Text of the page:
Two games into Eddie’s eighth grade middle school campaign, he got the start and the win.  Two years of work earned him a spot in the rotation, and he proved to be victorious.  Take a look below to see the strides Eddie has made over the last two years.

Eddie “yea yea”  March 2014 Video

Here’s what Eddie’s parents, Tom and Katie, have to say about Eddie’s time with I.T.S. Baseball and Baseball Rebellion.

Eddie arrived with a love of pitching, mental focus and relatively good control but lacked proper mechanics and his delivery looked clunky. Justin was able to break his delivery down into a progression of steps and corrected his mechanics one part at a time, with eddies understanding that he would not move on until each was mastered. Justin is a great communicator and has a unique ability matching the progression of the delivery to a changing and maturing youth physique. He is a solid mentor, role model, and friend to my son, a coach that he naturally wants to please.

In Eddie’s Words,

Justin gives me good tips, drills and exercises that I do at home to speed my progress. He speaks in a way that I understand which helps me improve fast.  He teaches me to use whole body, not just arm. Everything working together in one flowing motion. Throwing correctly will help my arm last.

I created a short highlight trailer of Eddie’s delivery.

Eddie and his family have been dedicated to my program for the last two years and I want to thank them for entrusting me with their son’s development.   I’ve truly enjoyed my time spent with teaching Eddie, watching him progress, and getting to know his family.  I’m always excited to see him on my schedule and will continue to deliver my information to the best of my ability to see him reach his full potential.

#YeaYea Lets Do This

-Justin Orenduff, Leader of the Pitching Rebellion


8 thoughts on "Baseball Rebellion Case Study: A Young Lefty’s Remarkable Improvement"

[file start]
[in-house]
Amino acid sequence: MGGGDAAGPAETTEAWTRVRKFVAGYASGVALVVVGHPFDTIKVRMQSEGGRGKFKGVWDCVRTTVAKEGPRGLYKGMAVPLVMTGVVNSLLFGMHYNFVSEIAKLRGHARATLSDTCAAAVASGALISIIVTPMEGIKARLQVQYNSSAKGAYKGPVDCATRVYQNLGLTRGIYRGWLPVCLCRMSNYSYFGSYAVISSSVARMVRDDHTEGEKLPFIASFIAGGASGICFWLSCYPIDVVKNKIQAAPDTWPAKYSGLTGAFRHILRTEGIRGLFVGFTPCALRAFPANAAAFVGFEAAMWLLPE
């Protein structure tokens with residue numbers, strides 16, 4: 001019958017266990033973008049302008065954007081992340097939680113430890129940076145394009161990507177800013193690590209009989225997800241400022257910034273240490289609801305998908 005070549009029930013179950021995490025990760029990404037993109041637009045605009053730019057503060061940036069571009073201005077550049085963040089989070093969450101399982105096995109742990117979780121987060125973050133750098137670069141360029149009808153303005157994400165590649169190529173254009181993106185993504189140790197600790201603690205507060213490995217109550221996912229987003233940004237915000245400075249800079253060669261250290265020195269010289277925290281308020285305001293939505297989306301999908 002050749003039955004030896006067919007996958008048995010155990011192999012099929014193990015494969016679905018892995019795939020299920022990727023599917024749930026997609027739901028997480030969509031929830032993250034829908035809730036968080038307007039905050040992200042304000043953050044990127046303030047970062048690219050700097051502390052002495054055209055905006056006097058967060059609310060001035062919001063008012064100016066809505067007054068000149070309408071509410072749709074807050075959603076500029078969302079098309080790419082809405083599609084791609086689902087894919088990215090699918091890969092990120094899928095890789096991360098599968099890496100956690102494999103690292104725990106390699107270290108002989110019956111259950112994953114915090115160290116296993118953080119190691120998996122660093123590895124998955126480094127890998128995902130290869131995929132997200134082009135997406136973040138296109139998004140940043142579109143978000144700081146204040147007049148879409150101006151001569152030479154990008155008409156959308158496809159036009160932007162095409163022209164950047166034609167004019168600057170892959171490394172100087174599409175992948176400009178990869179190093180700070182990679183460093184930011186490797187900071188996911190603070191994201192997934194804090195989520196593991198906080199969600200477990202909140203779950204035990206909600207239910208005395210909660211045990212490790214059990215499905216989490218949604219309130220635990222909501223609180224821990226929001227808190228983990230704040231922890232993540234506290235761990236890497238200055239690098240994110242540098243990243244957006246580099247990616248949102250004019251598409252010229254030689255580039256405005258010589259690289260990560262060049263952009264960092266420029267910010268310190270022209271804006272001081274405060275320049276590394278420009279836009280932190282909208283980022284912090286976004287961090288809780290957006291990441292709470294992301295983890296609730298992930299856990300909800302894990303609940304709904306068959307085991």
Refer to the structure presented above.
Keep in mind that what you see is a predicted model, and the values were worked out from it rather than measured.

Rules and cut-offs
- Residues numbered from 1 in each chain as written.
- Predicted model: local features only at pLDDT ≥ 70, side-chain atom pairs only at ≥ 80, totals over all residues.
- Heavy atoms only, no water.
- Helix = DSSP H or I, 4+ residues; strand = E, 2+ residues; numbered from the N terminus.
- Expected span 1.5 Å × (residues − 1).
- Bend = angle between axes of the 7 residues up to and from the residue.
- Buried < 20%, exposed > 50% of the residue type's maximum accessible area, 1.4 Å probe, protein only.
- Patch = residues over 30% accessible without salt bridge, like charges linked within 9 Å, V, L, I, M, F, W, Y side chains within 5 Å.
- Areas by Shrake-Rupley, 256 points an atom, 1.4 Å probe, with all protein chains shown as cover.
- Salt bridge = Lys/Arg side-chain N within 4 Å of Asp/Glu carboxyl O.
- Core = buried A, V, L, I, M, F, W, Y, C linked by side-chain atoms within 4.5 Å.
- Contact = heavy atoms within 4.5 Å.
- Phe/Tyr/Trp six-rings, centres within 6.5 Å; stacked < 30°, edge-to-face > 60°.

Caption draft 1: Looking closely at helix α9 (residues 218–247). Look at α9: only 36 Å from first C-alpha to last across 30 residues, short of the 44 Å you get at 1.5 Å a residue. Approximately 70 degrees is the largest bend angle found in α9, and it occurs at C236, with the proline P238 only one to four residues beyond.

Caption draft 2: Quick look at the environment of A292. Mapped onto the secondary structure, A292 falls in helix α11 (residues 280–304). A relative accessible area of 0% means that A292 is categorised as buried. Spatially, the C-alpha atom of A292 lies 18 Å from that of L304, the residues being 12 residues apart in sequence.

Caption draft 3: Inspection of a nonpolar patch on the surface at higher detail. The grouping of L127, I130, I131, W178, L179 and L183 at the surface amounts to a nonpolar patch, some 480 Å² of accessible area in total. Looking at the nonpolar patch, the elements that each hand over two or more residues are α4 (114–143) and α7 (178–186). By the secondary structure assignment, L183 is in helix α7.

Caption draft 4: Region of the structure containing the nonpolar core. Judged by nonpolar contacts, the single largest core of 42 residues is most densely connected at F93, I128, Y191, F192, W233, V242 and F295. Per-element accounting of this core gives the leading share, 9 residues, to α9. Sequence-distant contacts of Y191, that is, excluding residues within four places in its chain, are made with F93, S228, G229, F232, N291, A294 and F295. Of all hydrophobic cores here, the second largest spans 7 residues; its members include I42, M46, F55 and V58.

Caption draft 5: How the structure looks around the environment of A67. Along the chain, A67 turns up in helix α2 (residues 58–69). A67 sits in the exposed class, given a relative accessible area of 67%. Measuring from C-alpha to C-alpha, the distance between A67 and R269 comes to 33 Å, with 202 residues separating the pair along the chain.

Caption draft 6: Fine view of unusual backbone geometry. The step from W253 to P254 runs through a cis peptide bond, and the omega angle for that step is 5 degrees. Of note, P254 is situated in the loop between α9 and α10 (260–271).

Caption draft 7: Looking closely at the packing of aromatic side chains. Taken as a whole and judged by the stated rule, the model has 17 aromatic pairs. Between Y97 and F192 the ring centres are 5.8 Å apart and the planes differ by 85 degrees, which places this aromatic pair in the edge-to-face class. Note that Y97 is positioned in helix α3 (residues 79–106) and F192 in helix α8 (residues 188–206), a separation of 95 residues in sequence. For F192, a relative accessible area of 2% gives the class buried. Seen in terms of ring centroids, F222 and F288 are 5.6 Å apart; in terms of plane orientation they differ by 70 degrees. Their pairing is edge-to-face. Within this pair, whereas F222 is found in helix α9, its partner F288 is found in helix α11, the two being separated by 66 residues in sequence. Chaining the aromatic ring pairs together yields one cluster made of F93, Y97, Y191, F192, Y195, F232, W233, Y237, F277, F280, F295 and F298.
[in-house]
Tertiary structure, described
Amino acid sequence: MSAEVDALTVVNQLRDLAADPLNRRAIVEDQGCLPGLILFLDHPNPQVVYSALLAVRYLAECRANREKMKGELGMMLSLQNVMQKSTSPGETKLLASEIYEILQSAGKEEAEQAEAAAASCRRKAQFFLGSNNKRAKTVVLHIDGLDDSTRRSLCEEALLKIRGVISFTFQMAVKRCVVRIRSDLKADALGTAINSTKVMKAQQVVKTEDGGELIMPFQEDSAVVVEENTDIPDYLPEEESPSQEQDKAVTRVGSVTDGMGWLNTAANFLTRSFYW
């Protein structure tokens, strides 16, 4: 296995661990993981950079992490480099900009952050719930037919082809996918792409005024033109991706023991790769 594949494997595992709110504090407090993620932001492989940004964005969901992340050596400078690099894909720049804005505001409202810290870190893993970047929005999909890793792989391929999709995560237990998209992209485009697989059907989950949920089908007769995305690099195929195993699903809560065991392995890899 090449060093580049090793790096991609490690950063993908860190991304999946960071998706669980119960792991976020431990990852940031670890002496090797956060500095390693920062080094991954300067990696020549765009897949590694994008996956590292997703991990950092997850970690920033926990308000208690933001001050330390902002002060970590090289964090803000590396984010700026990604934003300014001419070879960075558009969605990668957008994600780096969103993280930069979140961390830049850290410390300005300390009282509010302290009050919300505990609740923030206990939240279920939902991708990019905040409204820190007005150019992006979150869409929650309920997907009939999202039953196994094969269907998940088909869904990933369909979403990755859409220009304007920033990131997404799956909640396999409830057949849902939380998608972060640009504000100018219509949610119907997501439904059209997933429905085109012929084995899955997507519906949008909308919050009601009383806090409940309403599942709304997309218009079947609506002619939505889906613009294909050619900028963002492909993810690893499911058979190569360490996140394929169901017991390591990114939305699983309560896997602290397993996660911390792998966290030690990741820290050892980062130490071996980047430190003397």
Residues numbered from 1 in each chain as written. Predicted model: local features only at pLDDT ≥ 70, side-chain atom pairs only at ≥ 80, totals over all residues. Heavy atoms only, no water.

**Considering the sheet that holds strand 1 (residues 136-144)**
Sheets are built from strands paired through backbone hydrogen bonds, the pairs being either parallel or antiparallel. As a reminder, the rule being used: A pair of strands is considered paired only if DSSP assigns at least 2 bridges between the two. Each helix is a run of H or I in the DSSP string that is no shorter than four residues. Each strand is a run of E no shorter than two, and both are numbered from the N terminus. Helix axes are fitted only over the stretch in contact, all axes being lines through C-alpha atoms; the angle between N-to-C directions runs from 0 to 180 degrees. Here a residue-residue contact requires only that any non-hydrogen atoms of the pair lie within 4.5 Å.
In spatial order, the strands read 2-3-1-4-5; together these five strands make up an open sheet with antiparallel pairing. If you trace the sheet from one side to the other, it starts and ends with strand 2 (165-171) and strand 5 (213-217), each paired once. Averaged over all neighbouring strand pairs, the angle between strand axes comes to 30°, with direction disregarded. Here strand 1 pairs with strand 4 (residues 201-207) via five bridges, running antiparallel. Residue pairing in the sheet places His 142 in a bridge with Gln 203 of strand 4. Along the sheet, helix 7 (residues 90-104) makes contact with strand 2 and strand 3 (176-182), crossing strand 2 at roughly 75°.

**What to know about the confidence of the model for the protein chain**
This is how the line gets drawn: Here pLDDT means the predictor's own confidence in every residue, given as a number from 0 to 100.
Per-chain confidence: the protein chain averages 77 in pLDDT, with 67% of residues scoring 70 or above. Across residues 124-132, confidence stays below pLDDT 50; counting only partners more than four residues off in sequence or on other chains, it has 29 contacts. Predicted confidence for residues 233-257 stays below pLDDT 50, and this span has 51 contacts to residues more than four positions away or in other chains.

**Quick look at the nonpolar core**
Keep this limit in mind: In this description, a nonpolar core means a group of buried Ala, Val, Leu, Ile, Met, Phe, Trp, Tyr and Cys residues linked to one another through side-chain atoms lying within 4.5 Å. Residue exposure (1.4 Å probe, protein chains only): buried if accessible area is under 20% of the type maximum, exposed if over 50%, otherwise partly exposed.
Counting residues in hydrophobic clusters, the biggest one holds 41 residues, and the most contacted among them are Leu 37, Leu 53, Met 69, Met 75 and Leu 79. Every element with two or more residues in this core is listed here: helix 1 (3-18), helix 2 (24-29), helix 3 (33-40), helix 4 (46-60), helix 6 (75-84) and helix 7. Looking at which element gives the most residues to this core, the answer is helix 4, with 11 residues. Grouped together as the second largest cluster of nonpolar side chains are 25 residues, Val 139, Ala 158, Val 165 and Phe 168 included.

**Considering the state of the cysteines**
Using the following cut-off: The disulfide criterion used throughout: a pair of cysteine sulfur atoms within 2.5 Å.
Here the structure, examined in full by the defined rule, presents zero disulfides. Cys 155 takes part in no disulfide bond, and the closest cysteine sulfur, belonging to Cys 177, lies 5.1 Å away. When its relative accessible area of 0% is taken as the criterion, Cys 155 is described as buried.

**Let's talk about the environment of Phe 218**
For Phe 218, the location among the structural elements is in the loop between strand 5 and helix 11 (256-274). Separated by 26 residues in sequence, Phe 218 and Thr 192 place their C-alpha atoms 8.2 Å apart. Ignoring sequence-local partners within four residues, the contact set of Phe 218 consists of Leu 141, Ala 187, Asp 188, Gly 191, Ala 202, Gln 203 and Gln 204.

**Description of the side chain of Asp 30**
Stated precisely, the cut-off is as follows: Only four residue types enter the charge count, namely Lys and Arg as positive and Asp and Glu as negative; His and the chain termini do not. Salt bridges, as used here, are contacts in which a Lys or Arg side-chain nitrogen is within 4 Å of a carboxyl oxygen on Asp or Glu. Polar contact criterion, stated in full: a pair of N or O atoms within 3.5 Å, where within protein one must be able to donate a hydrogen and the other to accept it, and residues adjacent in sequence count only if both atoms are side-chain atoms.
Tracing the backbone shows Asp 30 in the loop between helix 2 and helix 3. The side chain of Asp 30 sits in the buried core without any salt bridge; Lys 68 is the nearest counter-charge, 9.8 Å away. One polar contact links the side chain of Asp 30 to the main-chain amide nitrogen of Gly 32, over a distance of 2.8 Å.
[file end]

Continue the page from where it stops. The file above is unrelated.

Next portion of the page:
1. Mando says:

    Did you see the Mariners rookie James Paxton’s delivery last night ? It was interesting just wondering what your thoughts on it .

    1. I haven’t seen his delivery, but I will be sure to take a look. Thanks for keeping me informed.

  2. Tim Griesmer says:

    What is your opinion on the glove hand. I see his arm extended with the wrist curled during the delivery, but that seems to lead his glove hand to end up behind him which may make it harder to field his position. Do you teach a bent elbow and keeping the glove in front, or does that take away from the hip rotation?

    1. Tim,

      I think the glove hand is often misunderstood throughout baseball instruction. It’s honestly not a factor in the delivery. As long as front arm matches the pitcher’s delivery he will be ok. You should never actively manipulate the glove, it will mirror and move into the body as a product of the body rotating. I plan to do an article on this topic soon.

  3. Colin says:

    I have caught for Eddie for a long time and he has been decent but since the time he started going to I.T.S. baseball he has improved drastically, he puts in a ton of work in practice and out of it and is constantly looking for ways to improve.

    1. Colin,

      Thanks for the nice comment bud. We are glad to hear Eddie’s efforts are translating to consistent results on the field!

  4. T. Anthony says:

    Great breakdown and explanation. I love that you encourage a pitcher to bring their own comfort and input to their motion.

    I have been on both sides as a coach and a player of this question, so I would like your thoughts. Regarding the path of his plant foot swinging rather than driving toward the plate/point of contact with mound in the follow up video of Eddie. Do you take any steps to encourage or change this movement to one that is less swinging/gating to control the hips from opening too soon and to keep the body more upright and centered over the drive leg? Or, do you feel that as long as the timing with the hips is not too early and the pitcher stays balanced, it does not matter what path the lead foot takes to get to planting?

    1. T. Anthony,

      The role of the front foot is just to make room for the back knee and hip to move forwards. The plant foot and leg just goes along for the ride. I encourage more of the swinging action because it allows the entire body to move faster and further towards the target.